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Renault Master holds its own in a crowded market
As a large panel van, the Renault Master is up against plenty of competition, but its cargo space, fuel efficiency and pleasant drive mean it is more than able to hold its own.
The Master is aimed at van leasing customers looking for a vehicle to transport large loads over long distances and it fulfils this role with aplomb thanks to its generous cargo area, which measures 3,733 mm in length and is 1,765 mm wide, narrowing to 1,380 mm between the wheel arches.
It can carry a payload of up to 1,530 kg and offers plenty of ways to load the cargo, with conventional rear doors and a sliding side door making the process that little bit easier when parked up in towns and cities.
The long wheelbase version of the Master delivers a pretty reasonable 35.3 mpg and 125 bhp from its 2.3 litre engine, translating to a torque of 310 Nm at low revs, up by 10 Nm on its predecessors. This makes it easier for drivers to transport heavy payloads in adverse weather conditions and on tricky road surfaces.
Renault has kitted its Master range out with plenty of features in a bid to help it stand out from the crowd.
The entry-level Master Debut panel van has a six-speed gearbox, ABS with electronic brakeforce distribution, a height-adjustable driver's seat and a full-steel bulkhead.
An electronic immobiliser, Renault Anti-Intruder Device, electronic windows and deadlocking are among the additions to the specced-up Debut Special Edition, while the Master Van Sport also comes with cruise control, automatic headlights and wipers, and front fog lights.
All of these factors persuaded What Car? magazine to name the Renault Master as its van of the year and large panel van of the year for 2011.
But What Car? isn't the only publication to be impressed with the latest generation of the Master.
Handing the van a score of four stars out of five, Parkers said the Master represents an excellent compromise between affordability and performance.
The buyers' guide was particularly satisfied with the Master's strong range of diesel engines, the large amount of cabin storage, the wide variety of body styles and its excellent practicality.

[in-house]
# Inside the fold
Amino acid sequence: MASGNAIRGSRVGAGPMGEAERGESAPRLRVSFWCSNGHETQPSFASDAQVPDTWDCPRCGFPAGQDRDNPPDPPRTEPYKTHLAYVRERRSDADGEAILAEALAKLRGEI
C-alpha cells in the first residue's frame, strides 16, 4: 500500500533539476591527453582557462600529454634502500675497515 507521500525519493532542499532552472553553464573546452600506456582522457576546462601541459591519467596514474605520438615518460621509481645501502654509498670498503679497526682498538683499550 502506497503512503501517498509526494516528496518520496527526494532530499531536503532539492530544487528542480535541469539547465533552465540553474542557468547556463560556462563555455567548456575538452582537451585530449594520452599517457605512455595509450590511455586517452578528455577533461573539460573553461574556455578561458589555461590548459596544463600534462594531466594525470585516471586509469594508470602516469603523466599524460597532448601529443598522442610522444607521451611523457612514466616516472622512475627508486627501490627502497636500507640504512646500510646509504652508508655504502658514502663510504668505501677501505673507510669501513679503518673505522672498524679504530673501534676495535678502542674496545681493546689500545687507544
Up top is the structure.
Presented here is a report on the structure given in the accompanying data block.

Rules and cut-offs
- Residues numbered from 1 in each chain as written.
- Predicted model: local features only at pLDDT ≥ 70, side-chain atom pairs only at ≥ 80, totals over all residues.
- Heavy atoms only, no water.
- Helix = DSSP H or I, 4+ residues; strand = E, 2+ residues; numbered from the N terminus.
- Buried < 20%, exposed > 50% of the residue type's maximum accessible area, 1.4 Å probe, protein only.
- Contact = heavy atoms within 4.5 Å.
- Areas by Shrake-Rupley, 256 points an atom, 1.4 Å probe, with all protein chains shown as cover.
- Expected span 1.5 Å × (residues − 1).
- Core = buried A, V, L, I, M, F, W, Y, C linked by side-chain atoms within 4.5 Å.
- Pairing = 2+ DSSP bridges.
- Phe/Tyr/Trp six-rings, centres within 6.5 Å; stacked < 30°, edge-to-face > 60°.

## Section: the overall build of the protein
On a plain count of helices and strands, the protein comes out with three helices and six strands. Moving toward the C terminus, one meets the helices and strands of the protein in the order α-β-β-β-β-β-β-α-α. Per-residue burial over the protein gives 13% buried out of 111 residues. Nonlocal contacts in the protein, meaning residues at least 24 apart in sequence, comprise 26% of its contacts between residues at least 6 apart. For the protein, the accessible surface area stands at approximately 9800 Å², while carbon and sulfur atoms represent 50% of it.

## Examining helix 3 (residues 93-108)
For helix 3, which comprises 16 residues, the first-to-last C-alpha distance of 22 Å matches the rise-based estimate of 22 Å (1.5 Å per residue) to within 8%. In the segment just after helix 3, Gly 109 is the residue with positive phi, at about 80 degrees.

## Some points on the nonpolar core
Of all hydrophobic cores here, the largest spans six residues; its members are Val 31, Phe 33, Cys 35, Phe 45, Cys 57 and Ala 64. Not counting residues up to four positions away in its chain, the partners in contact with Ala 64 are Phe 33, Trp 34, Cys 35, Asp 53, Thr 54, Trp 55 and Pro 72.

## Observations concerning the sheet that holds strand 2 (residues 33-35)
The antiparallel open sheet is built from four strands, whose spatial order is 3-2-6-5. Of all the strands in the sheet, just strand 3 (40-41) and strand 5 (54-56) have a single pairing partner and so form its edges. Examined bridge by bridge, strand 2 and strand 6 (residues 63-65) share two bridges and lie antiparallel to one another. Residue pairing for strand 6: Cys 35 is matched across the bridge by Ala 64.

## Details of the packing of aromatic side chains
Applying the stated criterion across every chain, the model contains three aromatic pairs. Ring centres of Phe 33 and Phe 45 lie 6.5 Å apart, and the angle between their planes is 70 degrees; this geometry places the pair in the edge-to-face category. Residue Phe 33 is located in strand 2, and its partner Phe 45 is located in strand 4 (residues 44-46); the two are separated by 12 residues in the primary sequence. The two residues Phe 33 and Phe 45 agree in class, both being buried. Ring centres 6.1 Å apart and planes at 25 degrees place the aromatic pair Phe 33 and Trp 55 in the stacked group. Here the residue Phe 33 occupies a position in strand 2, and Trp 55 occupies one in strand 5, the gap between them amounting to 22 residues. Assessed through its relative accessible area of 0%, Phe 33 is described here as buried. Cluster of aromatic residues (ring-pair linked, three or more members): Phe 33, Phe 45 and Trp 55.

Although it said the van's interior does not look as stylish as some of its rivals, Parkers insisted that this lack of aesthetic quality is offset by its durability, meaning the Master should be more than capable of standing up to the toil of being a commercial vehicle.
Its versatility is underlined by the selection of 40 body options, four vehicle lengths and the choice between front and rear-wheel drive.
Summing up the Master, Parkers commented: "It feels solid and durable enough to take on the tough daily wear and tear that occurs in vans as well as providing the huge amount of stowage space needed both in the cabin and load area."
Honest John, which is more used to reviewing cars, was impressed by the Master's on-road ability, declaring the handling of the 3.5 tonne rear-wheel drive version to be "surprisingly light and easy".
"Part of the route was up an unmade road over a hill, which the twin rear wheels took in their stride," the website stated.
The reviewer reported few differences when driving the front-wheel drive 125 PS model, except that it had a little more bite at the front.
Equally impressed was ecoVansA2Z, which said the French automotive giant has "hit the spot" with its latest version of the Master.
The reviews site explained that it had no problem with recommending the panel van, but would have preferred electronic stability control to be available as standard across the range.
Renault Master Van Review is brought to you by our motoring professionals at Vanarama.